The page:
Are you an amateur sports bettor who just wants to stop losing money and start winning like the pros? Do you have to practice some magic trick? Maybe not, but these proven tips may help you on your next best:
Ask a professional sports punter who they’re betting on and you may be surprised that it’s not the one they think will win. This is important because winning punters generally bet on results that they think are highly probable, rather than what the odds are saying. These pros stack up their wins over time by looking out for results underestimated by bookmakers. This could mean betting on the underdog or on the favorite, but still only when the odds are right.
Mind Over Emotions
Many people bet for emotional reasons instead of an objective assessment of the probable result. They may bet for their sports idol or maybe for their city or country. Note that bookmakers will respond to this and tweak their odds as needed. This means the odds-on favorite to win may be picked more because of popularity, instead of what the bookmaker actually thinks of their chances of winning. So you’re so impassioned by your favorite team, forget them and be cautious when you bet on whatever outcome.
Warren Buffet, one of the world’s most successful stock market investors, says you should never invest in anything that you don’t understand. This applies even in sports betting. You’re after results that are more likely to happen than what the odds are saying, so before that even becomes possible, you need adequate knowledge in your desired games .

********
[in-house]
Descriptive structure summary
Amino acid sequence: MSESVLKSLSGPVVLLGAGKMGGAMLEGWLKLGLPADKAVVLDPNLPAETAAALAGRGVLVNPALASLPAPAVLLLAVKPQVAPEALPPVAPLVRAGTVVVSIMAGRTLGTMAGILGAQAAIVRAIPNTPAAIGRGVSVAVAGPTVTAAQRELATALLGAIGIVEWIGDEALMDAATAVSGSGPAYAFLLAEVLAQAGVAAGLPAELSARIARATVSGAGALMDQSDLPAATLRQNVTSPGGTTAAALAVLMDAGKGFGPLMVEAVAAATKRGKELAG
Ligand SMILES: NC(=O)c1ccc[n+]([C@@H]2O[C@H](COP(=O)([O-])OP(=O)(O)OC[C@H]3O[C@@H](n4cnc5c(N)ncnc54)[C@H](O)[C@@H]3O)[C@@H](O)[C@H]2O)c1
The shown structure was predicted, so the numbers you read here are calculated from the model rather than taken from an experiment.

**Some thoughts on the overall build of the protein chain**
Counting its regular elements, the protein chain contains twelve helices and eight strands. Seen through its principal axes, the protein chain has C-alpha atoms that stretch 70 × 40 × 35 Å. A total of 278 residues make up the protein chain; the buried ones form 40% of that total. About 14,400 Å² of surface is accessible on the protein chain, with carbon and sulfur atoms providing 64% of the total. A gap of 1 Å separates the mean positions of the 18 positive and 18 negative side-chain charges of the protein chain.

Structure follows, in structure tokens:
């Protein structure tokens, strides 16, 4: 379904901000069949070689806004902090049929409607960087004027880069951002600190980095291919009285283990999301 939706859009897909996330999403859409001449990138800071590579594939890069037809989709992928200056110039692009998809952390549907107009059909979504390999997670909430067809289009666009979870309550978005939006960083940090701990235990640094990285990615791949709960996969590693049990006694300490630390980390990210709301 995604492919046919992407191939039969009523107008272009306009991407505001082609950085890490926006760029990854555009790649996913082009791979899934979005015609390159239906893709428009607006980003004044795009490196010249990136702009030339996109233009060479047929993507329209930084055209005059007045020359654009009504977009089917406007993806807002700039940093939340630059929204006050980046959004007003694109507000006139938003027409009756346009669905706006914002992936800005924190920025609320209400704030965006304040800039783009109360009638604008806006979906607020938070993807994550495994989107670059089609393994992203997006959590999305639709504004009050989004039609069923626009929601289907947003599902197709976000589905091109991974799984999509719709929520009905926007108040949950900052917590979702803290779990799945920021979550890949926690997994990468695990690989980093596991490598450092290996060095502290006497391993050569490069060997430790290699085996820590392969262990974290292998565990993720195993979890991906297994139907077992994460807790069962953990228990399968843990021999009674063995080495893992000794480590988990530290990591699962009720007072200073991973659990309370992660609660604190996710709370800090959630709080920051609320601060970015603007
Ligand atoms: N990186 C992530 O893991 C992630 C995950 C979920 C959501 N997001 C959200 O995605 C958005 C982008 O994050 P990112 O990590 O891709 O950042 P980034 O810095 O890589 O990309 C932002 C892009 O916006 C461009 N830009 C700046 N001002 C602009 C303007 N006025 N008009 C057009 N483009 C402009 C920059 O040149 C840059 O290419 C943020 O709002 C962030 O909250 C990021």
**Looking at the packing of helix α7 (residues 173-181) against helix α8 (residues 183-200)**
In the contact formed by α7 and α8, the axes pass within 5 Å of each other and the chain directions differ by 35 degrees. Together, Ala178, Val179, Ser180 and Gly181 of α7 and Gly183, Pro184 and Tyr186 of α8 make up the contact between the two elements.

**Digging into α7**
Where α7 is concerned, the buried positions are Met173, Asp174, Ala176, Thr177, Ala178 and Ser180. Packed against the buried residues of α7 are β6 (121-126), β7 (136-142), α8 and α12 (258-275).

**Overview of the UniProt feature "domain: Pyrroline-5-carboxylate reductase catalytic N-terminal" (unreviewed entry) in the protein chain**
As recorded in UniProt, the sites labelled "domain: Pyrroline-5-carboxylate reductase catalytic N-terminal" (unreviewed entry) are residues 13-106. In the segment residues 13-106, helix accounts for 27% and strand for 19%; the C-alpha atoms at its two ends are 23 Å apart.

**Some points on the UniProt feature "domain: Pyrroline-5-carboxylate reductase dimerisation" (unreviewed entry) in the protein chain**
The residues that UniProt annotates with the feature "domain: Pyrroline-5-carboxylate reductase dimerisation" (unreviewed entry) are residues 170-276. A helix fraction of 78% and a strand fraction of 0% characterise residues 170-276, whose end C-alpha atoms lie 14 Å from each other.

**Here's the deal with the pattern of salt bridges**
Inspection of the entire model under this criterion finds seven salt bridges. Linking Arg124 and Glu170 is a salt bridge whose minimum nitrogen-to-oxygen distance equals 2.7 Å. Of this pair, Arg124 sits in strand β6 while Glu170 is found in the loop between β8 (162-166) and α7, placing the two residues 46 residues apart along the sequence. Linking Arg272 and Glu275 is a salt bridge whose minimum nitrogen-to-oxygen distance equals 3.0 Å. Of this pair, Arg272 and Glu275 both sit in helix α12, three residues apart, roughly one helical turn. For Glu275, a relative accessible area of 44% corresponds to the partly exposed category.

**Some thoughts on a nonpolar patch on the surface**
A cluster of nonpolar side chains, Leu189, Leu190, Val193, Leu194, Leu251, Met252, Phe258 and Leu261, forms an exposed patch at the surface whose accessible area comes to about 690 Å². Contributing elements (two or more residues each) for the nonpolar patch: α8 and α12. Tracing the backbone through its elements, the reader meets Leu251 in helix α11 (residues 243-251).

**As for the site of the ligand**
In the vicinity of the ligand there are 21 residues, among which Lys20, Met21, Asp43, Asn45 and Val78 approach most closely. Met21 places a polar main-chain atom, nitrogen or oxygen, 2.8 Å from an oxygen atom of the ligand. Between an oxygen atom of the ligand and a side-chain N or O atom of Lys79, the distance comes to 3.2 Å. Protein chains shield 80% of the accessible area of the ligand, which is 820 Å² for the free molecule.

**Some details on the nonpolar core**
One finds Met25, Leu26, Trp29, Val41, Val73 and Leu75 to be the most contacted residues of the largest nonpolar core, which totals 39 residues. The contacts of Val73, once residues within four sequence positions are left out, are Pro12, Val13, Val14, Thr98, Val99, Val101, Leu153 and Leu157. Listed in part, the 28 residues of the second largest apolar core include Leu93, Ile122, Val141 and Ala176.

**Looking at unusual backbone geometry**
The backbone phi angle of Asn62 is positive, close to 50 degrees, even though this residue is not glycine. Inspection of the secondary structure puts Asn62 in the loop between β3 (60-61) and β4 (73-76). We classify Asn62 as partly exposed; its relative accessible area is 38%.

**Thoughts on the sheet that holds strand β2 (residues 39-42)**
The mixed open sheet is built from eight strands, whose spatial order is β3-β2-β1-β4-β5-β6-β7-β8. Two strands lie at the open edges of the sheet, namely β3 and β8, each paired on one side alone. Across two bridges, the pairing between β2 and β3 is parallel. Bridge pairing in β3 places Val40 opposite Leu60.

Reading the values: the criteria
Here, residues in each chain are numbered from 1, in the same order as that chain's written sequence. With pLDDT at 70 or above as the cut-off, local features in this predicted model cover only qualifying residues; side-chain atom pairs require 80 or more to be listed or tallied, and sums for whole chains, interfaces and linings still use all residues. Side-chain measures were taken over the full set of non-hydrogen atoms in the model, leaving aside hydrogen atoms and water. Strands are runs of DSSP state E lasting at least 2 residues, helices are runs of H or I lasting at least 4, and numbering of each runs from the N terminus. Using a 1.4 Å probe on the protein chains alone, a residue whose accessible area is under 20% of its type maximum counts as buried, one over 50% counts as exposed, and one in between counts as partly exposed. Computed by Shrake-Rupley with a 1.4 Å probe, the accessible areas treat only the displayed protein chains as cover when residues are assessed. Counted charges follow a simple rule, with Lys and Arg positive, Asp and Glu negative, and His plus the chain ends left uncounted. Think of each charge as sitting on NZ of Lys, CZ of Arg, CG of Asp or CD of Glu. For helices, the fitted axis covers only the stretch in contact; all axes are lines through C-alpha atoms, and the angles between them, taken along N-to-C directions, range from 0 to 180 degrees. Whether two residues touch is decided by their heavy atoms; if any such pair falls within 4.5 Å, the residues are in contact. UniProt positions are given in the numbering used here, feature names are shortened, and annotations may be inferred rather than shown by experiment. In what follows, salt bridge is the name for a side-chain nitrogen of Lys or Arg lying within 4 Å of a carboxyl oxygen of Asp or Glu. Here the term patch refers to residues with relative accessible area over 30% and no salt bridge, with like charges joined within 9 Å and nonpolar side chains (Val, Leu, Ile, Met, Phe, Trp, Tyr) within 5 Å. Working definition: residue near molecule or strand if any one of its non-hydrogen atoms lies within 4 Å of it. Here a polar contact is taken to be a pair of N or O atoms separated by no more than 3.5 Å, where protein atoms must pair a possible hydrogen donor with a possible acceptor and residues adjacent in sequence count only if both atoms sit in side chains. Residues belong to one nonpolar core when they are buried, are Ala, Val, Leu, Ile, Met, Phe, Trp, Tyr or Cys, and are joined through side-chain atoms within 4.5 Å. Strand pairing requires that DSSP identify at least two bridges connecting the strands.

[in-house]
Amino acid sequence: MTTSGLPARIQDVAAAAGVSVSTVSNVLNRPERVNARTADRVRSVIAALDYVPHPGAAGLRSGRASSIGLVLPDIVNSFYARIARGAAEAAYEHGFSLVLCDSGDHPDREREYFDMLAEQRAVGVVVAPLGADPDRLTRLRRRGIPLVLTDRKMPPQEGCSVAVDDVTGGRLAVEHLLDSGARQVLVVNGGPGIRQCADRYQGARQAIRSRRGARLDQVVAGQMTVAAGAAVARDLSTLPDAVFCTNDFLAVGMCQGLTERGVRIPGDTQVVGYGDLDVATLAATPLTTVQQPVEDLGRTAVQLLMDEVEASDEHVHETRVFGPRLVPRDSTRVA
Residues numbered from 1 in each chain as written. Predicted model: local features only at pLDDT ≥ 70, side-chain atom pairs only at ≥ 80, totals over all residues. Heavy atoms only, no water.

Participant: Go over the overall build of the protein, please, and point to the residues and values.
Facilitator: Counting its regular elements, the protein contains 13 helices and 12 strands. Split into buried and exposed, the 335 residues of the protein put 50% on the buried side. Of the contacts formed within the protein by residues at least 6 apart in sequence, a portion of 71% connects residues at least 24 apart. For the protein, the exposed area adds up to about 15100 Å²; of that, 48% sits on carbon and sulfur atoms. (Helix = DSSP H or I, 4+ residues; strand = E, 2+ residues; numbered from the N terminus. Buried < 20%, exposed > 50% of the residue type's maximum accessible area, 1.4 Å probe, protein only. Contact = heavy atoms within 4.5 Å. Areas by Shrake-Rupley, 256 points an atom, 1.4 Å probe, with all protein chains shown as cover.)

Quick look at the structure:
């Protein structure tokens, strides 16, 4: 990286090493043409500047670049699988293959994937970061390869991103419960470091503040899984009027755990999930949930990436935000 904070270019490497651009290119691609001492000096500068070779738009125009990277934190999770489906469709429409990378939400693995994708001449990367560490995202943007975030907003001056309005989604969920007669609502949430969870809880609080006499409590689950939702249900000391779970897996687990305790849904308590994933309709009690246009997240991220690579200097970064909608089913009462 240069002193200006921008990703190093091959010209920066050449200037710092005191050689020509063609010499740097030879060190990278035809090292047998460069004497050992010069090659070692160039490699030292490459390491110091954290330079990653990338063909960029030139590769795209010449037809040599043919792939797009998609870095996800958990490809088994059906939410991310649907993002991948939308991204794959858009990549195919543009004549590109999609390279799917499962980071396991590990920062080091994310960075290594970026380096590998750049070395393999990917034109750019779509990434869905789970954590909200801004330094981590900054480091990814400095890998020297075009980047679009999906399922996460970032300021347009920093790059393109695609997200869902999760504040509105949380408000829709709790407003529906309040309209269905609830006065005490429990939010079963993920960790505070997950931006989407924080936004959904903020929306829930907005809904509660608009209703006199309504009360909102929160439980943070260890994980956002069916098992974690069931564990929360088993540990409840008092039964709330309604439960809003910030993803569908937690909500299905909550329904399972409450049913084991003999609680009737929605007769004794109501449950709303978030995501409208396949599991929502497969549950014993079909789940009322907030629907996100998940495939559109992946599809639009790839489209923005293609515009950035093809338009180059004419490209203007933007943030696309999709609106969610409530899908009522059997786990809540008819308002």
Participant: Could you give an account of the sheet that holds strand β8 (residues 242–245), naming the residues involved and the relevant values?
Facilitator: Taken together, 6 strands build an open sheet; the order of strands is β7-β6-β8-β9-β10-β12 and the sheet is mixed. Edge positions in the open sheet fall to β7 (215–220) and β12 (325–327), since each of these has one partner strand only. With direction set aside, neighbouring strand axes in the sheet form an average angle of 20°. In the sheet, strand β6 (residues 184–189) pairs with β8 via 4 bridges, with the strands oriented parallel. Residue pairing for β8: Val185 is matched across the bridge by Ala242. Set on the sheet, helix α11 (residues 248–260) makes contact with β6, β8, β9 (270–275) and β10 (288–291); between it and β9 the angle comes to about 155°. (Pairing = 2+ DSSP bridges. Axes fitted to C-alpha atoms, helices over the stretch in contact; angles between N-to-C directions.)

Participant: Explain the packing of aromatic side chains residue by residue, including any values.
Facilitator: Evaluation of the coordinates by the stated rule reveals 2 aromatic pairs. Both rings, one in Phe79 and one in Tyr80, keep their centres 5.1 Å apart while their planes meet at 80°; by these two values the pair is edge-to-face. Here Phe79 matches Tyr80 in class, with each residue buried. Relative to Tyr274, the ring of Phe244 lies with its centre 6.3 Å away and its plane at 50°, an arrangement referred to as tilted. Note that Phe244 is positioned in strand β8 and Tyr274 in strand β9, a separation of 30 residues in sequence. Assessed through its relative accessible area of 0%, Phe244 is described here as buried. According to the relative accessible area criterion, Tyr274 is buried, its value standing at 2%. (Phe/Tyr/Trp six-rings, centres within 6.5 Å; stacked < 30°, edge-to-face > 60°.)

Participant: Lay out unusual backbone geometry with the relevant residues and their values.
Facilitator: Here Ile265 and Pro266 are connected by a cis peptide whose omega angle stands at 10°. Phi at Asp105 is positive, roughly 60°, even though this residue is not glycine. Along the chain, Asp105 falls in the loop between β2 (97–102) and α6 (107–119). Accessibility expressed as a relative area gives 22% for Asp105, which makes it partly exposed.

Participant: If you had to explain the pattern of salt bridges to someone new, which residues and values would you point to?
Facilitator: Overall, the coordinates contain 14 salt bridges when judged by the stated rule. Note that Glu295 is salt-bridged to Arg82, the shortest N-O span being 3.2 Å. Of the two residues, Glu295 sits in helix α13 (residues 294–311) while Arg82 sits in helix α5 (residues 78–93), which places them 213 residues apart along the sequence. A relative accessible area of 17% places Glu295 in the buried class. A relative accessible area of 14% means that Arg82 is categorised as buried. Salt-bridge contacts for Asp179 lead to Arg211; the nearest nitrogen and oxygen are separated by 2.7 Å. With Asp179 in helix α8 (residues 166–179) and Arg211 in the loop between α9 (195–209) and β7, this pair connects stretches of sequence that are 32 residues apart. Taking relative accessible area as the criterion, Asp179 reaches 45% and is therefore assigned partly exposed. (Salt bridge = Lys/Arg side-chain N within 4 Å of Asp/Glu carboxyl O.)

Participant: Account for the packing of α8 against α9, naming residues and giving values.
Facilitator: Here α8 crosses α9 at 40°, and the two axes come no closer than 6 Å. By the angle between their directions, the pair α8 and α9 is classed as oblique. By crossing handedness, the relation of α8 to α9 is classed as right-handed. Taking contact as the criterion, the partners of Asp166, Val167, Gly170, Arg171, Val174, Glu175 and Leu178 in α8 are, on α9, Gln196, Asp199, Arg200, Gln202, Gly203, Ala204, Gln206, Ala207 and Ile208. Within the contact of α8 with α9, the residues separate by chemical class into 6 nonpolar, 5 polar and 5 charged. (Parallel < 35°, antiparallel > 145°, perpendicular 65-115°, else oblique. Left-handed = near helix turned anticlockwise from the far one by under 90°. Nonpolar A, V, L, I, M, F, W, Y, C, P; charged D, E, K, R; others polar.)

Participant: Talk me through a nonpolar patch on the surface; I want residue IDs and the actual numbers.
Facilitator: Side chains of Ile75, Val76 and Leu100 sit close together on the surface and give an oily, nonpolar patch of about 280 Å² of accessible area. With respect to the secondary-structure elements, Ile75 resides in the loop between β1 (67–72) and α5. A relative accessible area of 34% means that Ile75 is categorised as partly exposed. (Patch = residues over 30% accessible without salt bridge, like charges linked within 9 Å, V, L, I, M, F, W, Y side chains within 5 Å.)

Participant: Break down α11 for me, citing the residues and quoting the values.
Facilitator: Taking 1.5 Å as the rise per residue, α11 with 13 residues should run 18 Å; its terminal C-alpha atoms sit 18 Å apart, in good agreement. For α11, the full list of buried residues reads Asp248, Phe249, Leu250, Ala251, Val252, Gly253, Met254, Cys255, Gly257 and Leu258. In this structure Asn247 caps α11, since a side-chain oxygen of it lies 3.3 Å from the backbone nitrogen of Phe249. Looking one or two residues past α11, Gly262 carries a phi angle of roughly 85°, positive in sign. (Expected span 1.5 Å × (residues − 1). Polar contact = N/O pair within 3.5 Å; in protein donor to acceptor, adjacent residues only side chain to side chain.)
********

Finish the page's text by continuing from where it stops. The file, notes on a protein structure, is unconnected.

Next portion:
The Bigger Picture
There are times when people get so engrossed in sports betting that they tend to be obsessed with statistics and having to analyze them before deciding which players or teams they should bet on. As per the outcome of a study conducted by the Journal of the Association for Psychological Science (APS), your chances of winning could actually decrease if you did that. Not to say that you should ignore the data, but experts advise looking at the overall picture instead of being overwhelmed with small and usually irrelevant factors.
Lastly, regardless of how great you become at sports betting, accept the fact that you will lose a lot of games. Nobody likes losing money, but allowing yourself to be consumed by the frustration of losing can lead to a psychological phenomenon called the sunk cost fallacy. It’s when losing money affects you so much that you begin to behave irrationally, leading to even more losses. In other words, like the pros do it, accept that there will be good days and bad days.